No, this is not a 9mm versus .45 ACP debate. The 9mm has already won; perhaps you are the last to know it, though. It’s not much of a secret that I prefer the 9mm for most applications. That being said, the last four handguns I purchased were three .40 S&Ws and a .45 ACP. Preferring a particular caliber is different from advocating for only one caliber. For instance, I have two Glock 22s and a Glock 23. All three are .40 S&Ws. However, I also have 9mm and .357 SIG barrels and magazines for each Glock. For training, I normally run the 9mms — less recoil, cheaper ammo, higher capacity.
For training, the 9mm makes sense. The lower recoil and faster follow-up shots are undeniable benefits. I’m sure there will be plenty who boast how well they have tamed the additional recoil of larger-caliber handguns; Mazel Tov! The flaw in your argument is this: Regardless of how well you handle the .45 ACP or 10mm (insert chest thumping here), you’ll still control the 9mm better. Still not convinced? Read on.
Even as I write this, I can hear the screams and denials from a sect of readers. Fair enough. I know some of you are itching to bang away on the keyboard with your arguments about the FBI’s one-shot-kill statistics. Again, fair enough. However, the FBI’s statistics are based on one hit, not one shot fired. However, the bigger the pea, the harder the hit nonetheless and I’ll concede that point.
However, the whole “Larger Calibers Are More Deadly” debate begs certain questions, such as why did the FBI go back to the 9mm if the 10mm was so much better? Why have the Navy SEALs used the SIG P226 in 9mm as their primary sidearm for decades? Surely they could handle a larger caliber, and at last check, they were in the business of killing bad guys. Why are more and more police departments either using or going back to the 9mm? I’ll tell you why: It works! It works a whole lot better than advocates of larger calibers will ever admit.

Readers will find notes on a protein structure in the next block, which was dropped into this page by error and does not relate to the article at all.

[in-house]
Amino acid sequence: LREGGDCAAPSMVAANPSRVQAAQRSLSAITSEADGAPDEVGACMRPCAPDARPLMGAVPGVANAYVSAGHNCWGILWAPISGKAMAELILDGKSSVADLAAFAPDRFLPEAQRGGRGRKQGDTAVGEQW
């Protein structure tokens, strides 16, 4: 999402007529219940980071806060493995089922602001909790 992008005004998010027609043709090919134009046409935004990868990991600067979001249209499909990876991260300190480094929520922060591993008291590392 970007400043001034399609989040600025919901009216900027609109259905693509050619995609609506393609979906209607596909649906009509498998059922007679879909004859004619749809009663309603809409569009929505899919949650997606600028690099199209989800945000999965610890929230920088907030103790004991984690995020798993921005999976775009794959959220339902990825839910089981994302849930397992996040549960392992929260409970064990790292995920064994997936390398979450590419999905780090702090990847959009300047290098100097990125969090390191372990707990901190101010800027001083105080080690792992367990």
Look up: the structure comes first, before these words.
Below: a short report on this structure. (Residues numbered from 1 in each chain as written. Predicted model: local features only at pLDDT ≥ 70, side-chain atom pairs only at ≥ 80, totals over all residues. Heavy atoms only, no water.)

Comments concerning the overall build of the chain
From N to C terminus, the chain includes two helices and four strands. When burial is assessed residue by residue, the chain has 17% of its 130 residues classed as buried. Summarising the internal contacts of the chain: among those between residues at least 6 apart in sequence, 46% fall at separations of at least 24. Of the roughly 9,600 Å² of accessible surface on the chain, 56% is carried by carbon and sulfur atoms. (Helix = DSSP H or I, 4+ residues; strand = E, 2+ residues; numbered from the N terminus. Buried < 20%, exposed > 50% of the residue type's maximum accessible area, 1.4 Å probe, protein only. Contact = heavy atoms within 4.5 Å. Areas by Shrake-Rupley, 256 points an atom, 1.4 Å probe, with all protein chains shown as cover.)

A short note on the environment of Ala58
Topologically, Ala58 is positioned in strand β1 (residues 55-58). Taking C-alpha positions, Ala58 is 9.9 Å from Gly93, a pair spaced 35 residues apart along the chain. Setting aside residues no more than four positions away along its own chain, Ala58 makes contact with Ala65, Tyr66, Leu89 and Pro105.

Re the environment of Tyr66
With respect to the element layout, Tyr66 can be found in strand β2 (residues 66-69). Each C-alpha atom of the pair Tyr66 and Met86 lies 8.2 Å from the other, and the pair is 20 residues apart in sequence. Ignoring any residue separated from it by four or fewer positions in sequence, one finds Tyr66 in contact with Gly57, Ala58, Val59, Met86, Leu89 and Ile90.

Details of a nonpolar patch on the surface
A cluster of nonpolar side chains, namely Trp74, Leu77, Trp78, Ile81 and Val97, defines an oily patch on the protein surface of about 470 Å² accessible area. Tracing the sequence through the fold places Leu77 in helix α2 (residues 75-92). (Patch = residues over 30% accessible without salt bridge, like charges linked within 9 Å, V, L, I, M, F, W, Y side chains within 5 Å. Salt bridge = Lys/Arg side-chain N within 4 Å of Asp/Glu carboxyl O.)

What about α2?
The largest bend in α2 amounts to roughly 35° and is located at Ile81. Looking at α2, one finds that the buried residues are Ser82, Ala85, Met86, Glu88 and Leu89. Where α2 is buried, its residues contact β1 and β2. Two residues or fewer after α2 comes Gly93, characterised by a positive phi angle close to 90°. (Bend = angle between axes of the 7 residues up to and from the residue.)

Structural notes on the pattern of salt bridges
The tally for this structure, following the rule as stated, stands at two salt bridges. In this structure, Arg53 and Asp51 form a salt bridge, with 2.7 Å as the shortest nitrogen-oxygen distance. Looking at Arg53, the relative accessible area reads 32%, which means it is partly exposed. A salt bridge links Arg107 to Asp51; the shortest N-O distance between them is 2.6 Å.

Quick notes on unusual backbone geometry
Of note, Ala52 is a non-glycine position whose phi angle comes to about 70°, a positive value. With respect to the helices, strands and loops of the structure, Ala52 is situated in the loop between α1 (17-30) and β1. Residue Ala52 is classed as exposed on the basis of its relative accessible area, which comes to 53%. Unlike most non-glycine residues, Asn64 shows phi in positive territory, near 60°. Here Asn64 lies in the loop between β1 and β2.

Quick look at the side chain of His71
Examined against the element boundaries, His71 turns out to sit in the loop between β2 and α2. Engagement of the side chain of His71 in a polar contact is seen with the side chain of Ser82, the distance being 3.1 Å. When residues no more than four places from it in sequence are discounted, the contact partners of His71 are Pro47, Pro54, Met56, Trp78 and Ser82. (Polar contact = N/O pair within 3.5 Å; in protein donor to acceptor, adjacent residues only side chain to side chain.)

The 9mm has been much maligned in the past with claims that its incapacitating force was inadequate or unreliable. Much of this data (or fish tales) was either based on old bullet designs and propellants or poor shot placement. Modern bullet designs and propellant combinations — especially those tailored for pocket pistols or backup guns (BUGs) — have placed the 9mm at the top of the heap for the following reasons.
Time and again, it has been proven that will you shoot the 9mm at least as accurately—and more likely better—than larger calibers such as the .40 S&W, .357 SIG, or .45 ACP. This is true regardless of the distance and more so when follow-up shots are required. With any caliber (the .50 BMG is an exception, but the person who could fire it from a handgun would have fists akin to Thor’s hammer, so you’d be dead anyway), but with any normal handgun caliber, shot placement is the key factor that determines lethality, not caliber. Properly placed, the 9mm has more than enough stopping power and penetration to compete against larger calibers.
The 9mm is the king of handgun cartridges. As a result, manufacturers have more models with a variety of safety features to fit your particular need, style, hand size, etc. More selection means more opportunity to find the handgun that fits your physique and needs rather than trying to modify your shooting style or adapting to controls that don’t fit your hand. The more comfortable you are with the gun and the more natural the fit and feel, the more likely you are to shoot with better accuracy. Again, shot placement—better shot placement is more deadly.